21 February 2019

DOH upbeat over MHR opt-out numbers

Government MyHealthRecord

More than 2.5 million people opted out of My Health Record before the January 31 deadline, or roughly 10% of eligible Australians – but the Health Department says these are exactly the numbers it was expecting.

In Senate Estimates on Wednesday, the department’s deputy secretary Caroline Edwards took a glass-half-full approach to the numbers: “Ninety per cent of active Medicare users in Australia have not opted out,” she said. “So we’ll have My Health Records for 90% of Australians, for people with Medicare access.”

Everyone with a Medicare card who has not opted out will now have a digital record created for them, but this record can be deleted at any time. Those who did opt out can also reverse their decision at any time.

The number of opt-outs has more than doubled since the last figure of 1.15 million, reported as the deadline was extended from November to January after people complained of technical difficulties.

Legislation was passed in November to allay privacy and security fears by requiring law enforcement to have a warrant to access data.

Australian Digital Health Agency chief executive Tim Kelsey said some people had opted back into the system after this alteration was made.

Ms Edwards had previously told Estimates that the system could not be used for commercial purposes, but that researchers including pharmaceutical companies could apply through “a very rigorous process” for access to de-identified data.

Labor health spokeswoman Catherine King said the opt-out figures showed the implementation of the opt-out model had been rushed, which “created a range of problems and severely undermined public support for a system that could deliver enormous health benefits for all Australians”.

RACGP president Harry Nespolon did not believe the rejection rate was of great significance. “It’s not really a numbers game,” he told The Medical Republic yesterday. “Many of those who opted out will be people who don’t need one.

“It is now up to My Health Record to show how it will be useful and useable. This is the beginning of the shared record, not the end.”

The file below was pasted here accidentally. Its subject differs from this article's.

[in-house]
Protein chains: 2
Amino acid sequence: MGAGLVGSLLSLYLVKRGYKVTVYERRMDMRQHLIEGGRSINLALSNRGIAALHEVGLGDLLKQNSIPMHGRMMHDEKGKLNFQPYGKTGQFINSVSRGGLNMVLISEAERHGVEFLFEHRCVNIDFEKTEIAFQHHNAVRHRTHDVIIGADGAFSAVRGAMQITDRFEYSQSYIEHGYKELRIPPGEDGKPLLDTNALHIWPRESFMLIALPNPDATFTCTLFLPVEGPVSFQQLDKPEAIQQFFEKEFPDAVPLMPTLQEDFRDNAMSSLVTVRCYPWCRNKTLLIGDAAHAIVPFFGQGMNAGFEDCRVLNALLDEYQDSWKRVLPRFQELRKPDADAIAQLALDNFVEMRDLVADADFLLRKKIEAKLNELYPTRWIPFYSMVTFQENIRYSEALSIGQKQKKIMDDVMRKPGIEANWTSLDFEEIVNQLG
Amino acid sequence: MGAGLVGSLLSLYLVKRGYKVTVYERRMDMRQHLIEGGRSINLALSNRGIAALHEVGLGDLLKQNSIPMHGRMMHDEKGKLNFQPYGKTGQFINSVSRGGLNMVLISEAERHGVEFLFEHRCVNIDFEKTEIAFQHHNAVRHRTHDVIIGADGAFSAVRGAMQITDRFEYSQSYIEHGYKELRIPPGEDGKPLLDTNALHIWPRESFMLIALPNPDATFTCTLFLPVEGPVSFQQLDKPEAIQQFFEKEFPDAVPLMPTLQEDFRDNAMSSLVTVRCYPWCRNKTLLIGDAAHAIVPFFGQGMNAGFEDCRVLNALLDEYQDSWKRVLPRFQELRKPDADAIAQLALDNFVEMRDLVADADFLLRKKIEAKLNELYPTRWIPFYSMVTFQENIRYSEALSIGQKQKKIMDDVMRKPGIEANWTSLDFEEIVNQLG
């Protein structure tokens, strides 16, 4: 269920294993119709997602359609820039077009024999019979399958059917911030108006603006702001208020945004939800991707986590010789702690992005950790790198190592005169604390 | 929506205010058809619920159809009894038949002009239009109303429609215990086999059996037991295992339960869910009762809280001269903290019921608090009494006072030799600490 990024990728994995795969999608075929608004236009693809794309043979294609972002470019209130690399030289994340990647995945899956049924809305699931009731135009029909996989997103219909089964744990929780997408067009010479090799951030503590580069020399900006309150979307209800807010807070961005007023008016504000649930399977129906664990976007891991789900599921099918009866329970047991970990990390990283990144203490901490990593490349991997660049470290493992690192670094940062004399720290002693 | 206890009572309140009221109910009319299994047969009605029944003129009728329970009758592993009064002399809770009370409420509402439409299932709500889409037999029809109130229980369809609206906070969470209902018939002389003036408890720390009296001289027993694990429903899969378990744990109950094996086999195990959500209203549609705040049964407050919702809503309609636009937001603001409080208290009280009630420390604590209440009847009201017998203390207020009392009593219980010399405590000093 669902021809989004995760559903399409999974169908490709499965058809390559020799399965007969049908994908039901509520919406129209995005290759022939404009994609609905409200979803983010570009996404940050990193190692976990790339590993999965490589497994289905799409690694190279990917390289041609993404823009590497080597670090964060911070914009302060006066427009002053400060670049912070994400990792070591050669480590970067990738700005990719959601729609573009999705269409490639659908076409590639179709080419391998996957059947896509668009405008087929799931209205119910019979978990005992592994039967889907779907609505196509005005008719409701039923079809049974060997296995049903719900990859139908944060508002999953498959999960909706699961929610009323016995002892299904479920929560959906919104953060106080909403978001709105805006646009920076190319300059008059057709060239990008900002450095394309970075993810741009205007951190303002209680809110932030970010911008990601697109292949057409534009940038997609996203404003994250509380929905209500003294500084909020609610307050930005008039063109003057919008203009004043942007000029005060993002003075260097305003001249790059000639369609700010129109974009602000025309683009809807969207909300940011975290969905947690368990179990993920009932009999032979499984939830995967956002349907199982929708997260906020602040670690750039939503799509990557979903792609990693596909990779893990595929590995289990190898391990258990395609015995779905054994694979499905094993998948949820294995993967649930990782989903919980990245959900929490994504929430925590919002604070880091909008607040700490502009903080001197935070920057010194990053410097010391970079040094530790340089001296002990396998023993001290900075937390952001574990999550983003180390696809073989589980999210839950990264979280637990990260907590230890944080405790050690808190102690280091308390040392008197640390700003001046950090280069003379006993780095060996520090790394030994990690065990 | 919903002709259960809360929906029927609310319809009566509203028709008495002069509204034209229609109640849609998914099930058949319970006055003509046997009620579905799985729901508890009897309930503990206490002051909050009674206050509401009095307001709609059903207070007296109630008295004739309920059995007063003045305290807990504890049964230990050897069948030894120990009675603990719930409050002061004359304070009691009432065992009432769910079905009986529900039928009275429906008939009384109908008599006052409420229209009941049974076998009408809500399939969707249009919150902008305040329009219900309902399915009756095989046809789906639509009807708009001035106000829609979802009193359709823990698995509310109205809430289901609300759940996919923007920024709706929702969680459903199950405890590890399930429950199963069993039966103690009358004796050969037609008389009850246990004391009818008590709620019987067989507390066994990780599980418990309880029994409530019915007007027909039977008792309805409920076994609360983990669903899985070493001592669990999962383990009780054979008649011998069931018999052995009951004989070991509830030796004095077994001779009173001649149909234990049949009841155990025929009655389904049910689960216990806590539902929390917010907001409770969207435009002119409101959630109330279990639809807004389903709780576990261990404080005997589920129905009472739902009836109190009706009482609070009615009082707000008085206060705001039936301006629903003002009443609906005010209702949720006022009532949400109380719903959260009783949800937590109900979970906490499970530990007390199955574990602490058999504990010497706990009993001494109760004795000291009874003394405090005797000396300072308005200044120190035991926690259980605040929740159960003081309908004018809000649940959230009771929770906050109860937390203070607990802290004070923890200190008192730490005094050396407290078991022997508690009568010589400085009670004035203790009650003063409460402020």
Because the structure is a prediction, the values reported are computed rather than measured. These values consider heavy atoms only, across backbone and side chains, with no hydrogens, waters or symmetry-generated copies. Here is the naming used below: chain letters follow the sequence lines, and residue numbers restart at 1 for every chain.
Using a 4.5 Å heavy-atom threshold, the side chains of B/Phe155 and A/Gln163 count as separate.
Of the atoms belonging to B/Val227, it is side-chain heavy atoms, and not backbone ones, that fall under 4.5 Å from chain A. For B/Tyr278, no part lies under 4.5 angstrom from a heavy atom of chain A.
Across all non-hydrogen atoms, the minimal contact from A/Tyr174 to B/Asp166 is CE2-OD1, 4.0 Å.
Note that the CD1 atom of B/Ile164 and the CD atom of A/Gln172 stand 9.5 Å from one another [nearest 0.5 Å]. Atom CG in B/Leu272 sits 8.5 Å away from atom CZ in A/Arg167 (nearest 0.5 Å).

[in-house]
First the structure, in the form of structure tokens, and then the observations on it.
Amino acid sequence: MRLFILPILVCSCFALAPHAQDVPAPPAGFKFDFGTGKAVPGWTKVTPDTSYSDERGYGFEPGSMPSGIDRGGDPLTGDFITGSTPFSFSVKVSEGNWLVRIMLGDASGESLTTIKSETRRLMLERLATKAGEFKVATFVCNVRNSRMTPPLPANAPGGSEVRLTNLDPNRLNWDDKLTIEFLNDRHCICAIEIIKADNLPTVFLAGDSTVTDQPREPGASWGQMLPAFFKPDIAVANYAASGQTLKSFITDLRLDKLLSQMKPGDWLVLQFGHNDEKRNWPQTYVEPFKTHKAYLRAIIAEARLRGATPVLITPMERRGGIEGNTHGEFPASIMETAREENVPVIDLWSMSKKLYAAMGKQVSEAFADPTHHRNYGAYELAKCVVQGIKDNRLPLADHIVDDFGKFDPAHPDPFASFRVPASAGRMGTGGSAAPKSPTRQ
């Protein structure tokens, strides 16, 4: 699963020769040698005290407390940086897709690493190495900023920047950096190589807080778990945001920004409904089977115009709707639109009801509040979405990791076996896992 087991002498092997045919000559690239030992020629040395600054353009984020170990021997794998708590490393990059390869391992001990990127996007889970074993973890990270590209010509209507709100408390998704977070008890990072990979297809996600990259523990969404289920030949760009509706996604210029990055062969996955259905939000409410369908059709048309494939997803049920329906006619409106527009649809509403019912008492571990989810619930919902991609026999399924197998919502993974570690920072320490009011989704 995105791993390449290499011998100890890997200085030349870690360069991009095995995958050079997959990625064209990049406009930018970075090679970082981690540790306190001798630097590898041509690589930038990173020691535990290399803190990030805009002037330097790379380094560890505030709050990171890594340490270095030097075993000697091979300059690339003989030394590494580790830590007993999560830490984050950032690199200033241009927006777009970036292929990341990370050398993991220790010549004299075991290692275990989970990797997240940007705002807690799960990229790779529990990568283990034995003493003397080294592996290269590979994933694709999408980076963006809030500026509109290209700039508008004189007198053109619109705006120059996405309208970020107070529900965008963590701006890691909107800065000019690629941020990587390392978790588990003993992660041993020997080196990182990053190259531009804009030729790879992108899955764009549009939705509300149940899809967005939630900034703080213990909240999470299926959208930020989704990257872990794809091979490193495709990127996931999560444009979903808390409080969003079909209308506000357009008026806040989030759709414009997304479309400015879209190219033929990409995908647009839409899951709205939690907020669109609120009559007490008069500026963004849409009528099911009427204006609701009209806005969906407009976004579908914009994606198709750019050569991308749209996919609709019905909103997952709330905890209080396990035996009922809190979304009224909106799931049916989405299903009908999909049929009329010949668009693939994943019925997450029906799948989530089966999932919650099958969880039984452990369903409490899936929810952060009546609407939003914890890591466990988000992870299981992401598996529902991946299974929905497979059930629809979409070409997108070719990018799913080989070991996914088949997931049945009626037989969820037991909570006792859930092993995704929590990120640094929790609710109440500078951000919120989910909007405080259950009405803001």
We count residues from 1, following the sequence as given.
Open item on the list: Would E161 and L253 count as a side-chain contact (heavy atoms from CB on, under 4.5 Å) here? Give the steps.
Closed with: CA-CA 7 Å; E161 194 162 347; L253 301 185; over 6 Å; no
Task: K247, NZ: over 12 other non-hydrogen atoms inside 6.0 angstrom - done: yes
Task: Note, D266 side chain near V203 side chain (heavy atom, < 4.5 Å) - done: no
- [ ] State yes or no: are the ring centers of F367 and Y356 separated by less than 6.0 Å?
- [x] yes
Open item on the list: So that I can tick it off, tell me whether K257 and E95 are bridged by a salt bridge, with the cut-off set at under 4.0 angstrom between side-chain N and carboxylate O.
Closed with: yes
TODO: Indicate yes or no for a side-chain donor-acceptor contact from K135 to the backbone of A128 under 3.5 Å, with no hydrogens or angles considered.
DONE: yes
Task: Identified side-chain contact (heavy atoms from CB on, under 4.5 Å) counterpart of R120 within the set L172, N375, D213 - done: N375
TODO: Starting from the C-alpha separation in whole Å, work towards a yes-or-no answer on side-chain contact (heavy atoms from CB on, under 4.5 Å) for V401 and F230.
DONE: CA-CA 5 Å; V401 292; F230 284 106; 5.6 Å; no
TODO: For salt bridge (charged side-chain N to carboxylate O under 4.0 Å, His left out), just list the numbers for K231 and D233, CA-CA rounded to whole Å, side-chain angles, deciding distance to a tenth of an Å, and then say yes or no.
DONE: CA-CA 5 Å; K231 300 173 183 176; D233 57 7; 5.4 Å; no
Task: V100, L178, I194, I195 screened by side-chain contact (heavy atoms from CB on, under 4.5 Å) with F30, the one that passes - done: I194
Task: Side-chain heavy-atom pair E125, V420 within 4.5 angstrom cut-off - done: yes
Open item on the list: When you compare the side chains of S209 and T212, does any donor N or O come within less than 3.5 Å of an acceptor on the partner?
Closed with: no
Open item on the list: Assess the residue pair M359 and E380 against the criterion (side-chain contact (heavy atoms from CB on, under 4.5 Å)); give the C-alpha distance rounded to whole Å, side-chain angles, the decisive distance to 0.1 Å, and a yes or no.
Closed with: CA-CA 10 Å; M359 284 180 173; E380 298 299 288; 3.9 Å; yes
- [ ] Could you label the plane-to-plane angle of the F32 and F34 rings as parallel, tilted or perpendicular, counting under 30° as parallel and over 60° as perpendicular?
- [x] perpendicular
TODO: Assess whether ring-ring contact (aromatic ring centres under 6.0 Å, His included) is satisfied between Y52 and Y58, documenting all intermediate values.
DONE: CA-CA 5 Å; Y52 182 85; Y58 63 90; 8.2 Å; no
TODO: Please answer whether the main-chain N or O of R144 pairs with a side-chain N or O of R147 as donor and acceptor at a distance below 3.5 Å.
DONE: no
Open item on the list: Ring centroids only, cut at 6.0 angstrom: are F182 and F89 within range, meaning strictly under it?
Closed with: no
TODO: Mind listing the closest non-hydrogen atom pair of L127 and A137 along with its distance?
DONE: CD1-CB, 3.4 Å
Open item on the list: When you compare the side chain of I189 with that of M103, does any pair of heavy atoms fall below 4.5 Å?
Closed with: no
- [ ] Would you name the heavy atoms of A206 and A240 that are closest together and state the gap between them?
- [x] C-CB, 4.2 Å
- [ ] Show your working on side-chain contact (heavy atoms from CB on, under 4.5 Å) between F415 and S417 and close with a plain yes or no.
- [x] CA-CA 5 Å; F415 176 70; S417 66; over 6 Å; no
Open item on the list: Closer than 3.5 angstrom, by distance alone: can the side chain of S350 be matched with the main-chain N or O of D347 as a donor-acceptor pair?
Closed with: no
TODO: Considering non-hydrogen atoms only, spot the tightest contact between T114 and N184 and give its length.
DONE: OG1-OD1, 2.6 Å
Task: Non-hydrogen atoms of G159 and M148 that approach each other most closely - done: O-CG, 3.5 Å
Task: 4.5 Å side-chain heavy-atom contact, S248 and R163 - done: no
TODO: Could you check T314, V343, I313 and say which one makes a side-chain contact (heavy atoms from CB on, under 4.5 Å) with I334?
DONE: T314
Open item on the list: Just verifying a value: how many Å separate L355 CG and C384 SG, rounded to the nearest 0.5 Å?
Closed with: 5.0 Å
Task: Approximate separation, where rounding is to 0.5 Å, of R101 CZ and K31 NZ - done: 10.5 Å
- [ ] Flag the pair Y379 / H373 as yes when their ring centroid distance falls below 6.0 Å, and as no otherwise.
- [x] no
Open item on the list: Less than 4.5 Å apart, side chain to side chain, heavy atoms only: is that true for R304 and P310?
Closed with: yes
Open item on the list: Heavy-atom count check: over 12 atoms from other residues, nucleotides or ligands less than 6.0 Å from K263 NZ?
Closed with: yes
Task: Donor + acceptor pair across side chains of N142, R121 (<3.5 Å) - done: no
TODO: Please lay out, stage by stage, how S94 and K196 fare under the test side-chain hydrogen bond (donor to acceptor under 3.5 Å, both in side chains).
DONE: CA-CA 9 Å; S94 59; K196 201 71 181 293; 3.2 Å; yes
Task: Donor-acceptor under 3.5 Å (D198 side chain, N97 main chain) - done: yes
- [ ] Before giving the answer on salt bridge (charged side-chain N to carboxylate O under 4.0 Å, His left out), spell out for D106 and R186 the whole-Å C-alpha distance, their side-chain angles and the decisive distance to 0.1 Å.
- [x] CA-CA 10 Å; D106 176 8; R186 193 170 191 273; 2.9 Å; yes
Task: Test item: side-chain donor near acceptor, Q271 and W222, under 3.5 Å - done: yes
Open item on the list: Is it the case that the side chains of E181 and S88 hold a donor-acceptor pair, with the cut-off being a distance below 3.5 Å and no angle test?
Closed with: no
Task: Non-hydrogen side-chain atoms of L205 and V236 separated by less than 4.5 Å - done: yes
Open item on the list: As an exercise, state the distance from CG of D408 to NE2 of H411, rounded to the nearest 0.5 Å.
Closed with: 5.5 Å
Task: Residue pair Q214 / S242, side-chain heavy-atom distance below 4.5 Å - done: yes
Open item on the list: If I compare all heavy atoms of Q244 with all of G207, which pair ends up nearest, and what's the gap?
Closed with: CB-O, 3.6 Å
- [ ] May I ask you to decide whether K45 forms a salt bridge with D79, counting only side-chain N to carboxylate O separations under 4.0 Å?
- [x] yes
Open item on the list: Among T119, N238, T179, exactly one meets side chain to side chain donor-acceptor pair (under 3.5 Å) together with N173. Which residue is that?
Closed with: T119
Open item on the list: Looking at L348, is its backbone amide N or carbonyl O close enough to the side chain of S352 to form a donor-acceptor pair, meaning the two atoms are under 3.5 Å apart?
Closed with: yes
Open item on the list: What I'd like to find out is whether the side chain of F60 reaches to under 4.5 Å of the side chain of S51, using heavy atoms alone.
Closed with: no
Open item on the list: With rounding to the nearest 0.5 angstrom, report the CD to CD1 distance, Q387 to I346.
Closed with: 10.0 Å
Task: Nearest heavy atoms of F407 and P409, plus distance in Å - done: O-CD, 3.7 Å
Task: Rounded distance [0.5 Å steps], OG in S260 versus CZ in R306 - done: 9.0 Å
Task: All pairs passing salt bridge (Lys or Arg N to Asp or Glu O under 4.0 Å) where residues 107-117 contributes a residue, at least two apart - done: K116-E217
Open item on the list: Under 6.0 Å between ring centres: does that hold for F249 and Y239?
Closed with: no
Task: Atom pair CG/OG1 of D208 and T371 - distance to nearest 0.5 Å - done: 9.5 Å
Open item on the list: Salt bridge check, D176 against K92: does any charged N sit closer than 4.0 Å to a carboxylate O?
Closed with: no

The RACGP, which “supports the vision for a national electronic health record”, has developed a number of resources to help GPs use the system.

Uploading shared health summaries to My Health Record is a requirement of participation in the Practice Incentives Program eHealth Incentive, or ePIP.

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4 Comments on "DOH upbeat over MHR opt-out numbers"

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7 months 29 days ago

Who does NOT need a MHR? Why, anyone where the risks outweigh the benefits:
-the young and healthy who have the least to gain and the most to lose to aggregated data in their future lives;
-the marginalised, illiterate (computer or health), elderly, disabled, less fortunates or apathetic whose safety will be further compromised when scammers know their circumstances;
-the astute middle class and erudite, who recognise a trojan horse and don’t appreciate a nanny state.

have I left anyone in Australia out?

Ray Silins
Ray Silins
8 months 12 hours ago

Dear Dr Nespolon, who, exactly, does not need a MHR?

Dr Peter Arndt
Dr Peter Arndt
8 months 14 hours ago
Caroline Edwards thinks “Ninety percent will have a MHR”. , for people with Medicare access. Very wrong. They will have empty boxes that a Dr might wish to fill. But I know many Drs that don’t like MHR and won’t fill in any data. If the patient ‘s regular GP fills it in today and another GP changes that patient’s drugs tomorrow it will no longer be accurate. In fact it will be dangerous as Dr 1 may have prescribed penicillin and Dr 2 found allergy to it but did not add it to MHR as she doesn’t use MHR.… Read more »
David Fong
David Fong
8 months 10 hours ago
I’m sure you will be delighted to know that MHR doesn’t depend on whether their local GP fills in data or not! Information such as medication dispensations and prescriptions, immunizations , pathology/radiology tests (currently, just that they have been done, and where), some hospital discharge summaries and medicare billings are automatically in the MHR. I actively enroll patients (with informed, and often delighted, consent) just to find out which medications and tests have been done in the past year by doctors they have previously seen. It is true that many hospitals are not properly MHR enabled (Royal Melbourne puts discharge… Read more »